Your Changing Body: Trimester by Trimester
Head-to-toe changes you may not expect when you're expecting
Side effects: Ill-fitting contact lenses and altered vision, nosebleeds, nasal congestion, headaches, dizziness, bleeding gums, patchy-colored skin
With increased blood circulation, your entire body will be a little swollen. About 10 weeks into your pregnancy, you may find contacts don't fit as well over enlarged eyes, and your vision may not seem as sharp -- both temporary conditions. If you experience a sudden onset of blurry vision, however, check with your obstetrician immediately. It may signal dangerously high blood pressure, known as preeclampsia.
Engorged nasal tissue can bring on nosebleeds and stuffiness. But allergy sufferers may find relief: Strong immune reactions trigger allergies, and progesterone and higher levels of the hormone cortisone suppress the immune system.
Many women also experience headaches in the first trimester, which can be blamed on low blood sugar -- the result of your changing metabolism -- or reduced blood flow to the brain when you stand or sit up quickly. "Your uterus has first dibs on your blood supply," says William Sears, M.D., a Parenting contributing editor and coauthor of The Pregnancy Book. Dizziness occurs for the same reason.
Extra fluids can also create excess saliva, as well as swollen and bleeding gums. And some women develop tiny growths on their gums. "They're probably a result of the same hormones that are helping your body grow your baby, and will disappear after delivery," says Dr. Sears.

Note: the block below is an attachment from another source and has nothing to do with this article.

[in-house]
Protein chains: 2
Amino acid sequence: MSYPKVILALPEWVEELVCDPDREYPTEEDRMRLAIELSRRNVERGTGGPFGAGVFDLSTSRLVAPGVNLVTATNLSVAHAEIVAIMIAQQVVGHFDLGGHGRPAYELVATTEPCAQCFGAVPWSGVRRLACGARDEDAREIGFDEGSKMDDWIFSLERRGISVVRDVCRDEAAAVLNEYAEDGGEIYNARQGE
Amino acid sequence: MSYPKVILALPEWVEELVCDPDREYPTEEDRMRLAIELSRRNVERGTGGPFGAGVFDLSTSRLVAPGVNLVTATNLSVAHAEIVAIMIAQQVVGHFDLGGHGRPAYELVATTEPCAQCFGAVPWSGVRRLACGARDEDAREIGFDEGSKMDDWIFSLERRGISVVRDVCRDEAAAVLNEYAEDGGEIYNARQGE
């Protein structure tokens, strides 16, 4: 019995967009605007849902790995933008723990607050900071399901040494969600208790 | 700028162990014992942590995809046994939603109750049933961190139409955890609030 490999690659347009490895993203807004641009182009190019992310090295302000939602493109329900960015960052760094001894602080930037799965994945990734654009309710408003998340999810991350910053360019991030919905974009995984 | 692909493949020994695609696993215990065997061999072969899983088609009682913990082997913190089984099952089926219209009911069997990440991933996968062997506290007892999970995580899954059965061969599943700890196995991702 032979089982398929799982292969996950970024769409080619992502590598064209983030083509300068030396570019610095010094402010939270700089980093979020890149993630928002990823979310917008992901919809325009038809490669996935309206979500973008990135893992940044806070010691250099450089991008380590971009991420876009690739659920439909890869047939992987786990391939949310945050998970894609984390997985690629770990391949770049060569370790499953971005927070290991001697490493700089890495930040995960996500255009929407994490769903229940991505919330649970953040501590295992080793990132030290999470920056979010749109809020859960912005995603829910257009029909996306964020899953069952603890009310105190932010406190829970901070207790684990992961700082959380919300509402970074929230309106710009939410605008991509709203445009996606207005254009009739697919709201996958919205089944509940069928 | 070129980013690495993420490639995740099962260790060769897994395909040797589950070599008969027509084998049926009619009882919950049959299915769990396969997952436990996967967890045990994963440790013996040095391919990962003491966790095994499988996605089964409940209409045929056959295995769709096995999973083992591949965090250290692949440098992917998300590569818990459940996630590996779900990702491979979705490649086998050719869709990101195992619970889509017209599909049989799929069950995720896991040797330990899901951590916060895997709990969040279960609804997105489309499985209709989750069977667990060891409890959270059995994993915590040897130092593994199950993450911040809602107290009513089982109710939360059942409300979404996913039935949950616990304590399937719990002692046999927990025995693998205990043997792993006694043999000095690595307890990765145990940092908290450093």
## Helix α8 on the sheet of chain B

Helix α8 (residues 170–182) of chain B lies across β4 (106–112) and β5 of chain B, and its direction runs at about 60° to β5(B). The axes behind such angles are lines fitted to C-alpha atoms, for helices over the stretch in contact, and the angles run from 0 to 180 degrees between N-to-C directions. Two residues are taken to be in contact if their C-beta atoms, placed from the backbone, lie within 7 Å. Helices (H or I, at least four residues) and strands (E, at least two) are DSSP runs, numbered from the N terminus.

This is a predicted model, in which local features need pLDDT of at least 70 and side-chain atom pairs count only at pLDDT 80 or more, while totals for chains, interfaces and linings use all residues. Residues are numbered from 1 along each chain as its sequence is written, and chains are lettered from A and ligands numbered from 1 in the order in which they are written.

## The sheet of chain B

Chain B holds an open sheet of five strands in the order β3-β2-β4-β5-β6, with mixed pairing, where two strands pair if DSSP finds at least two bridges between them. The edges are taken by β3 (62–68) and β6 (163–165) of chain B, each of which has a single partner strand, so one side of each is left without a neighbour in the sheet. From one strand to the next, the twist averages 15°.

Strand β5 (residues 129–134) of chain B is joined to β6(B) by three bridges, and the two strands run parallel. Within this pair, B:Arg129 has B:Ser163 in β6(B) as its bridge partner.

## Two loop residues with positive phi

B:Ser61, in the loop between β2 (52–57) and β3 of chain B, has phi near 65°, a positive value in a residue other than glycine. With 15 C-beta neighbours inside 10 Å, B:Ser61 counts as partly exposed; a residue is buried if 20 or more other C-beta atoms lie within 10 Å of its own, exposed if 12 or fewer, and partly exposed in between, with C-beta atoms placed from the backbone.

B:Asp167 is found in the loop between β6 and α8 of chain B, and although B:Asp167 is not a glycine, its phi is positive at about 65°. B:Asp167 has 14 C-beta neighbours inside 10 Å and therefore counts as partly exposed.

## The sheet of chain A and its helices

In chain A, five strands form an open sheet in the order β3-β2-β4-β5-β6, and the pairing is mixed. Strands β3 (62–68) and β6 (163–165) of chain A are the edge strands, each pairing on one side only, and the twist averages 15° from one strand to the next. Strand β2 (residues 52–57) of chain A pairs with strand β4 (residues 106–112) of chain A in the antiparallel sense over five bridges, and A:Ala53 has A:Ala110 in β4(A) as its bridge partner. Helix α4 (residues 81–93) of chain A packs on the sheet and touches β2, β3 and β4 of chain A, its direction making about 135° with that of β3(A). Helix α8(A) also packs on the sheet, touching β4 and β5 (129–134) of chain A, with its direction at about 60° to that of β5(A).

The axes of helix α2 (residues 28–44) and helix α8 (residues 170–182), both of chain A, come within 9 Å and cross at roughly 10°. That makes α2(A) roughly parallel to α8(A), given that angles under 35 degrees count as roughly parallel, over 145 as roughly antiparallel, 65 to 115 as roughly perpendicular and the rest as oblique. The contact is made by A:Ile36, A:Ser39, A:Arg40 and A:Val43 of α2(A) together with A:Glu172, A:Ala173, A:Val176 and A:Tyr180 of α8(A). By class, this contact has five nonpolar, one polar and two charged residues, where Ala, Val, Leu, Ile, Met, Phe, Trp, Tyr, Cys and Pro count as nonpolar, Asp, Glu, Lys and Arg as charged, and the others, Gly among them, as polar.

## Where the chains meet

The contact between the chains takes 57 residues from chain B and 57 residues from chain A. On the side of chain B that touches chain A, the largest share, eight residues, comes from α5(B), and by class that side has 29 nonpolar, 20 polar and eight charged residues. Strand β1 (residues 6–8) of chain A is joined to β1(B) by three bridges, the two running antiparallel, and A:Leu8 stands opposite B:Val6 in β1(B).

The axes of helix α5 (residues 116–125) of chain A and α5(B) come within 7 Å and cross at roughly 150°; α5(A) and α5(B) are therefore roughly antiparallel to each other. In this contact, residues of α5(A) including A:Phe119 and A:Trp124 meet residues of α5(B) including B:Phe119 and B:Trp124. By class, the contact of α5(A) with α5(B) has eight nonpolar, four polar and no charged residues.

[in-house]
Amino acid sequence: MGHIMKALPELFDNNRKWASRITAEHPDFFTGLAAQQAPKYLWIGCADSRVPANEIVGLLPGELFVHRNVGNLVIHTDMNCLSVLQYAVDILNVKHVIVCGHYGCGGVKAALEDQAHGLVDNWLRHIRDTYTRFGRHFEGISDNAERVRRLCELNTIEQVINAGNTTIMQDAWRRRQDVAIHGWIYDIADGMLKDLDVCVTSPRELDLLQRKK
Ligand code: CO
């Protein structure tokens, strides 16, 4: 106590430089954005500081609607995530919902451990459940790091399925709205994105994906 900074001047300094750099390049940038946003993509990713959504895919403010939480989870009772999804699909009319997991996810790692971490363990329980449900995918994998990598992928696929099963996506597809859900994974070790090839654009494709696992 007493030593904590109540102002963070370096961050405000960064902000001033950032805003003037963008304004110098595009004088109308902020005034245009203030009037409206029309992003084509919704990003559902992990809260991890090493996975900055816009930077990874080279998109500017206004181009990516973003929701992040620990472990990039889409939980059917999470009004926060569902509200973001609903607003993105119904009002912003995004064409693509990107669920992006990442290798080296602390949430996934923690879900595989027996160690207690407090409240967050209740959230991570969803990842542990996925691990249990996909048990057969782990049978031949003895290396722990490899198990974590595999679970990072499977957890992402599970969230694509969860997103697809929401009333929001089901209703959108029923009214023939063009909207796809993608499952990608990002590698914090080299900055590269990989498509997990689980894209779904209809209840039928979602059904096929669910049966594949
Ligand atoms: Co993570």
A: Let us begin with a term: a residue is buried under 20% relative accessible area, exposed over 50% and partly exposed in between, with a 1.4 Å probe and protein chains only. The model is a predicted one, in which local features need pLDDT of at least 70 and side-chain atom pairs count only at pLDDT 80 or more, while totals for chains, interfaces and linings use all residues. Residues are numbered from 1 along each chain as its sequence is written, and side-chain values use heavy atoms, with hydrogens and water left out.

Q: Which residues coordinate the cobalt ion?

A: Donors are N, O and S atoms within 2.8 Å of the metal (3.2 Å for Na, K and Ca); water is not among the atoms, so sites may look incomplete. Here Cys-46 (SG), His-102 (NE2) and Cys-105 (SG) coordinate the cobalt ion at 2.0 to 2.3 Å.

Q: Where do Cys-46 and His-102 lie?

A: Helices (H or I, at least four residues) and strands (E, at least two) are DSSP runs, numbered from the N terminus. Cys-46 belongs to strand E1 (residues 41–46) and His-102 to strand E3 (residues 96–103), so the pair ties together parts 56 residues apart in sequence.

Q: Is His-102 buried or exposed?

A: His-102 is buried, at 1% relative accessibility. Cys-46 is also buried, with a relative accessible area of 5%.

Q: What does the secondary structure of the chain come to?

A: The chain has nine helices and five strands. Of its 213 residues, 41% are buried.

Finally, your cheeks may glow (from oil-gland secretions, plus more blood to the skin) or sport brown or yellow patches (increased estrogen and progesterone result in more pigment, especially noticeable when exposed to the sun). This discoloration is similar to what some women experience when taking the Pill.
Hands, Wrists, and Arms
Side effects: Carpal tunnel syndrome, red palms
In the third trimester, because of fluid retention, the nerves snaking through tiny passageways are likely to be pinched by swollen tissue, which can lead to, or worsen, carpel tunnel. Occasionally, the shooting pain, numbness, and tingling can migrate to the forearm and shoulder.
As veins enlarge to accommodate greater blood volume, and capillaries branch out to handle the increase, the skin all over your body enjoys greater blood flow. Consequently, some women's palms (or soles of the feet) become reddened after about 12 weeks.